|Arts minister David Templeman points out the bar to |
supremo Duncan Ord at this year's Wild West-themed
(but still glittering) Turnstile Awards ceremony.
This year more than double that number have taken home the silverware, while another baker’s dozen would have been deserving winners.
There were over thirty local productions I would have warmly recommended to theatregoers; just as impressively, I did not see a single local production you really needed to avoid. Honestly!
There’s a caveat, though, to all this enthusiasm, and it’s a nasty one.
Going back over the past five years or so I would consistently review somewhere in the high fifty to low sixty “eligible” local productions for The West and/or this blog. This year the number is 45. That’s a really significant drop off in the output of the local theatre business.
(I don’t think it can be explained by a drop-off in my coverage; changes in the newspaper business have meant a severe reduction in the opportunities for freelance contributors, but I’m not aware that it’s changed my efforts to cover locally-produced theatre – there simply hasn’t been as much of it.)
When you consider that the programmes of the three main theatre outlets in this town – The Blue Room, Black Swan and WAAPA – have roughly the same number of productions each year, and our hot-as-wasabi globe-trotting wunderkinder, the Last Great Hunt, grow ever more productive, that indicates a potentially catastrophic falling off in other parts of the sector.
I constantly argue the case for content; we can build all the infrastructure we like, and cut as many ribbons as we want, but without content – and especially locally-created content – to fill it, it’s all expensive back-slapping.
The Turnstile Awards acknowledge outstanding WA produced (or co-produced) stage shows opening in Perth between September and August each year. They are inclusive, rather than proscriptive, when it comes to eligibility.
There is no set number of Turnstile winners, and no attempt to rank them in order of merit. The Turnstiles are a pat on the back, not the prize in a competition.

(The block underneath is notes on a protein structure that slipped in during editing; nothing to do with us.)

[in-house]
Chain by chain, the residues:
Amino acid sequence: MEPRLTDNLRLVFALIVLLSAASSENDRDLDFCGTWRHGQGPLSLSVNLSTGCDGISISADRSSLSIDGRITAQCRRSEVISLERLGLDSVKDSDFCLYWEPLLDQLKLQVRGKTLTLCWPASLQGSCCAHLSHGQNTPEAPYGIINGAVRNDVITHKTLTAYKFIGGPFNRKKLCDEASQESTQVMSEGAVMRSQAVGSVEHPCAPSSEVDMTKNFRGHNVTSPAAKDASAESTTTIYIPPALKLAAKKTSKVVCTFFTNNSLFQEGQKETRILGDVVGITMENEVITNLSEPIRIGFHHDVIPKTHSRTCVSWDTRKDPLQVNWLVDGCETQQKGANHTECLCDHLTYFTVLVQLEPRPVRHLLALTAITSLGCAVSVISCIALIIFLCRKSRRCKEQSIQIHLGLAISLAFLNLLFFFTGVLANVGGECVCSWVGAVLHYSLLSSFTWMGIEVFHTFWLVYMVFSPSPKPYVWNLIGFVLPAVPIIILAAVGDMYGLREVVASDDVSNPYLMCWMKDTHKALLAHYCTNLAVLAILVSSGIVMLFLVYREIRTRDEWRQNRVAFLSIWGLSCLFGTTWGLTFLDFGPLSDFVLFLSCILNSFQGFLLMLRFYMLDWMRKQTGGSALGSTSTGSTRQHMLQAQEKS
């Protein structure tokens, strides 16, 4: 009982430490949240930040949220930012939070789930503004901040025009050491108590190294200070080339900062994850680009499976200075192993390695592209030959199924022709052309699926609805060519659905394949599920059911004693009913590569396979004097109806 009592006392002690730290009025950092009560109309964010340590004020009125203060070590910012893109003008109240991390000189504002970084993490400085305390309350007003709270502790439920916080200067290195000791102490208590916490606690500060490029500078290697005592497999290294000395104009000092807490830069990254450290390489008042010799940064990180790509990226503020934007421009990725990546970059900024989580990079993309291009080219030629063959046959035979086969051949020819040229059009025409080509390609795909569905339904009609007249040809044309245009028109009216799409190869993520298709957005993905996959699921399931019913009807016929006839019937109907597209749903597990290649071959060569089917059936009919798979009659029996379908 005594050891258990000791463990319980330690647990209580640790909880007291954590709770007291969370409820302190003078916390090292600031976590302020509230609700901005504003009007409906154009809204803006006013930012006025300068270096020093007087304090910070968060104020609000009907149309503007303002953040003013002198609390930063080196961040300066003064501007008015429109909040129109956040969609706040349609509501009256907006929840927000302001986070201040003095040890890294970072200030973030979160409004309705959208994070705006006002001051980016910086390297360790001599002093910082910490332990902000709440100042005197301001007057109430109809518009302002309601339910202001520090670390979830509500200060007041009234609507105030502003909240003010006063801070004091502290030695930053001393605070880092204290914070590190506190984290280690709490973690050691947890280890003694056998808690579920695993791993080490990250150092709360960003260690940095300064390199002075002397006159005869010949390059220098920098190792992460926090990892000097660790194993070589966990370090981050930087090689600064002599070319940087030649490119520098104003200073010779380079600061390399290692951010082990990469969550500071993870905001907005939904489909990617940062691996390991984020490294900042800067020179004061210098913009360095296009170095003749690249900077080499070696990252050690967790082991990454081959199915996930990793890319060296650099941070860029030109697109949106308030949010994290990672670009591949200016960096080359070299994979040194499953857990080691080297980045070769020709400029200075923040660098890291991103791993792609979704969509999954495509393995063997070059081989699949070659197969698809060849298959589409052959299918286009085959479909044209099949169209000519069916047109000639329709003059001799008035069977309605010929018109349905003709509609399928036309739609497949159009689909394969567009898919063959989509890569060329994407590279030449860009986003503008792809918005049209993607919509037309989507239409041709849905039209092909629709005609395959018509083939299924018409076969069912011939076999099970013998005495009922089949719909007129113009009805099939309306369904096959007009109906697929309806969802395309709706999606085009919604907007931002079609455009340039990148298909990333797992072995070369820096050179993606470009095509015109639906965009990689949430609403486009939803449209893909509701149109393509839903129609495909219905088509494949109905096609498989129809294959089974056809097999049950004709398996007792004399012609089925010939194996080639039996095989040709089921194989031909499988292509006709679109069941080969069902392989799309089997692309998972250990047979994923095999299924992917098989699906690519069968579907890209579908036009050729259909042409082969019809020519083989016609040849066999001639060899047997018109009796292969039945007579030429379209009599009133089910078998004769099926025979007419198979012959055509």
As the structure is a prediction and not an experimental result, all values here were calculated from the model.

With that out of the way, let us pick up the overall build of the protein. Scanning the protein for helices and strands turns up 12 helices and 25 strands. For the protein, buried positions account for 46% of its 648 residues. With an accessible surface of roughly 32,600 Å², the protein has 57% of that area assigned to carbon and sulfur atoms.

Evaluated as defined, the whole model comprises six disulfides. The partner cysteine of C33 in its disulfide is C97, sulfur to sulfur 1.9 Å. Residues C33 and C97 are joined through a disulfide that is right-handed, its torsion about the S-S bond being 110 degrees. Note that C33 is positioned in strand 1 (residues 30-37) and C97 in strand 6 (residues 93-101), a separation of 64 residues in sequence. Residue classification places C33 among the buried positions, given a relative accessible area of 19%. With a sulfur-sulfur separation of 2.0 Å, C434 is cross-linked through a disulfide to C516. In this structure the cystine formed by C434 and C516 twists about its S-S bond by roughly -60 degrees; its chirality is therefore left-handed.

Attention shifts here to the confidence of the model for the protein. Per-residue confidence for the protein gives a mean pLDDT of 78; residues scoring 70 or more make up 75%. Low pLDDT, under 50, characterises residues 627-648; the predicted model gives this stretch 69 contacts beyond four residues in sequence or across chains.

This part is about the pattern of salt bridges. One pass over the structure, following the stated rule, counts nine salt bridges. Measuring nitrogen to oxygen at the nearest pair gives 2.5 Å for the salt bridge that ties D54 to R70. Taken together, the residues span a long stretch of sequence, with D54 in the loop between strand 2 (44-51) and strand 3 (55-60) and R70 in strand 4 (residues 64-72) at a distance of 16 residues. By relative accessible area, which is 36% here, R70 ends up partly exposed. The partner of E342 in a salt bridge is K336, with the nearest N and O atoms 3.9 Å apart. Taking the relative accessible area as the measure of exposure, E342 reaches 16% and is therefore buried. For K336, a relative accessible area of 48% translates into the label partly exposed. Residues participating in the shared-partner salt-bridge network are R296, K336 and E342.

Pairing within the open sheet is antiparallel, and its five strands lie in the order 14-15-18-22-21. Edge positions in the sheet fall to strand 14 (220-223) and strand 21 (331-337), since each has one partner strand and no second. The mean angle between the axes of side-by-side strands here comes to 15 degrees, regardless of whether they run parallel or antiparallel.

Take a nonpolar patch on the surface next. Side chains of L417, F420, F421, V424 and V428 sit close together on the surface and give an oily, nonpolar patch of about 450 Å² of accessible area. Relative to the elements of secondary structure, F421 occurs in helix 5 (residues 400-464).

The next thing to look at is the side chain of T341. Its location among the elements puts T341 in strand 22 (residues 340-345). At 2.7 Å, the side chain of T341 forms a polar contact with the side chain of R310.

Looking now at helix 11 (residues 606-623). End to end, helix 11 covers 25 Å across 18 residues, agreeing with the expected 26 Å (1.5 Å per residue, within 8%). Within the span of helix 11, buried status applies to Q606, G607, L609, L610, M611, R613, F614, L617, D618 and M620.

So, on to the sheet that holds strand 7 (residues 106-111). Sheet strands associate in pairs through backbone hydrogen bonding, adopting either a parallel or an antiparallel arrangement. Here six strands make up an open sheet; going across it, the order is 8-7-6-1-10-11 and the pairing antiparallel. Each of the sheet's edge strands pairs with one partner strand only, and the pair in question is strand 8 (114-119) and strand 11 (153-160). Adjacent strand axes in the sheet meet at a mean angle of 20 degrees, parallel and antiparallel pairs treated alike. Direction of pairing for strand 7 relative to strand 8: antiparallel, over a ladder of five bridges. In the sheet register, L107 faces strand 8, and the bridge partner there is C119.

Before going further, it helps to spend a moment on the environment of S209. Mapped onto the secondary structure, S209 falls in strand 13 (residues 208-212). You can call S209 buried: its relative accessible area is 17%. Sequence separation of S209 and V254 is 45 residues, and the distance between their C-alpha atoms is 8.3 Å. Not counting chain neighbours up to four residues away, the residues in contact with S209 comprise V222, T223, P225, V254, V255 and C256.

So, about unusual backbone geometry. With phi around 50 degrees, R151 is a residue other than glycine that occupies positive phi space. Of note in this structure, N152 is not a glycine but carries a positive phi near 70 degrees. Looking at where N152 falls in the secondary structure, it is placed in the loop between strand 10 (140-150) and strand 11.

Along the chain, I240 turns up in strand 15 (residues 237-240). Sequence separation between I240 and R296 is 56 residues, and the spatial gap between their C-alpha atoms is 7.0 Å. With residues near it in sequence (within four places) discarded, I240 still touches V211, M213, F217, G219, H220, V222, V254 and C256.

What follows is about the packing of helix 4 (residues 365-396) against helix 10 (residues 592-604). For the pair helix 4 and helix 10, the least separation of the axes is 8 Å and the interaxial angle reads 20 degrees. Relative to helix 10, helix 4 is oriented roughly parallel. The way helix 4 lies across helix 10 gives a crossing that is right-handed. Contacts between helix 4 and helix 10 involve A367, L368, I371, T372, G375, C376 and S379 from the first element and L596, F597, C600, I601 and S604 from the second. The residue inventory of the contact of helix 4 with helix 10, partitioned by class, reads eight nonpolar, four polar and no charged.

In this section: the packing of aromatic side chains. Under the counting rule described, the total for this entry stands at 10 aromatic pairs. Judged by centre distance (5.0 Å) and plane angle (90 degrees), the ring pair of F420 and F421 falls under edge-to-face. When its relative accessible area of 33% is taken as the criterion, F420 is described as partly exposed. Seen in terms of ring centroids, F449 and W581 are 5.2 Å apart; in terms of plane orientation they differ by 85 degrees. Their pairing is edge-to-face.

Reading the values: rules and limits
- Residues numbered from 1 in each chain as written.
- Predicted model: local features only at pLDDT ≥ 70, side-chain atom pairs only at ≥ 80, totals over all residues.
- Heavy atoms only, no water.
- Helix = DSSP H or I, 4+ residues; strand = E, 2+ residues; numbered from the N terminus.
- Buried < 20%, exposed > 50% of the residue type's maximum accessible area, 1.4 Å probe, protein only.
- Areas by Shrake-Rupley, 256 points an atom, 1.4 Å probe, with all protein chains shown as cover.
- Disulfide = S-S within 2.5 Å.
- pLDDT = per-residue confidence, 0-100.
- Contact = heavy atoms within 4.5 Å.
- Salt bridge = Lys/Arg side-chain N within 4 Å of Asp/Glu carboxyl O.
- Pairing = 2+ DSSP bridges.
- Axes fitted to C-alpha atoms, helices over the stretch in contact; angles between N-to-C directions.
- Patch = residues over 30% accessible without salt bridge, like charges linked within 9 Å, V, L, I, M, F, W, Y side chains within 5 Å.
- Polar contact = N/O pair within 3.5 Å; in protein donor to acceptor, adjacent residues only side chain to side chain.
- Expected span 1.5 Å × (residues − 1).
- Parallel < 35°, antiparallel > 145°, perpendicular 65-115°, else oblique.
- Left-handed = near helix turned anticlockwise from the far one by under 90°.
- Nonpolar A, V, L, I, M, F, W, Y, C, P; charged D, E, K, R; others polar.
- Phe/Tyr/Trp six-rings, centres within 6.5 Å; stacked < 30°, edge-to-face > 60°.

Here, in chronological order, are the seven productions that got up for a Turnstile in the past year:
- Grounded Alison van Reeken, the very best of our actors, was taut and sinewy as the fighter pilot cum drone operator in George Brant’s horrifyingly real journey into bloodless, abstract, modern warfare.
- The One The arc of a love affair told as a blues by the white-hot writer Jeffrey Jay Fowler and Georgia King and Mark Storen, who both gave career-best performances.
- The Lighthouse Girl Hellie Turner overcame the intractable untheatricality of fact to fashion a touching and very real love story in the shadow of war and death, highlighted by an outstanding rookie performance as the girl from Daisy Coyle.
- End Game The pedigrees of the play, the director Andrew Ross, the designer and lighting designer Tyler Hill and Mark Howlett and a fine cast were impeccable, and they delivered Beckett’s bleak vision with wonderful clarity and control.
- The Irresistible A singular, wholly-realised theatre experience by the writer and director Zoe Pepper and the performer/collaborators Tim Watts and the ferocious, highly-charged Adriane Daff,
- Good Little Soldier Ochre Dance Theatre’s Mark Howlett took his text about the scars of war and, working with a talented team of deviser/performers, broke it down into a cross-disciplinary performance that, miraculously, was even greater than the sum of its parts.
- The View from the Penthouse In the very last hours of the Turnstiles year, WAAPA Performance Making students Isaac Diamond, Cam Pollock and the genuinely terrifying Sam Hayes concocted a brilliant, noxious cocktail of carnality and addiction.
As always, my selections are inevitably subjective and often idiosyncratic. Better judges than me would no doubt have have seen a Turnstile heading in the direction of these other fine productions: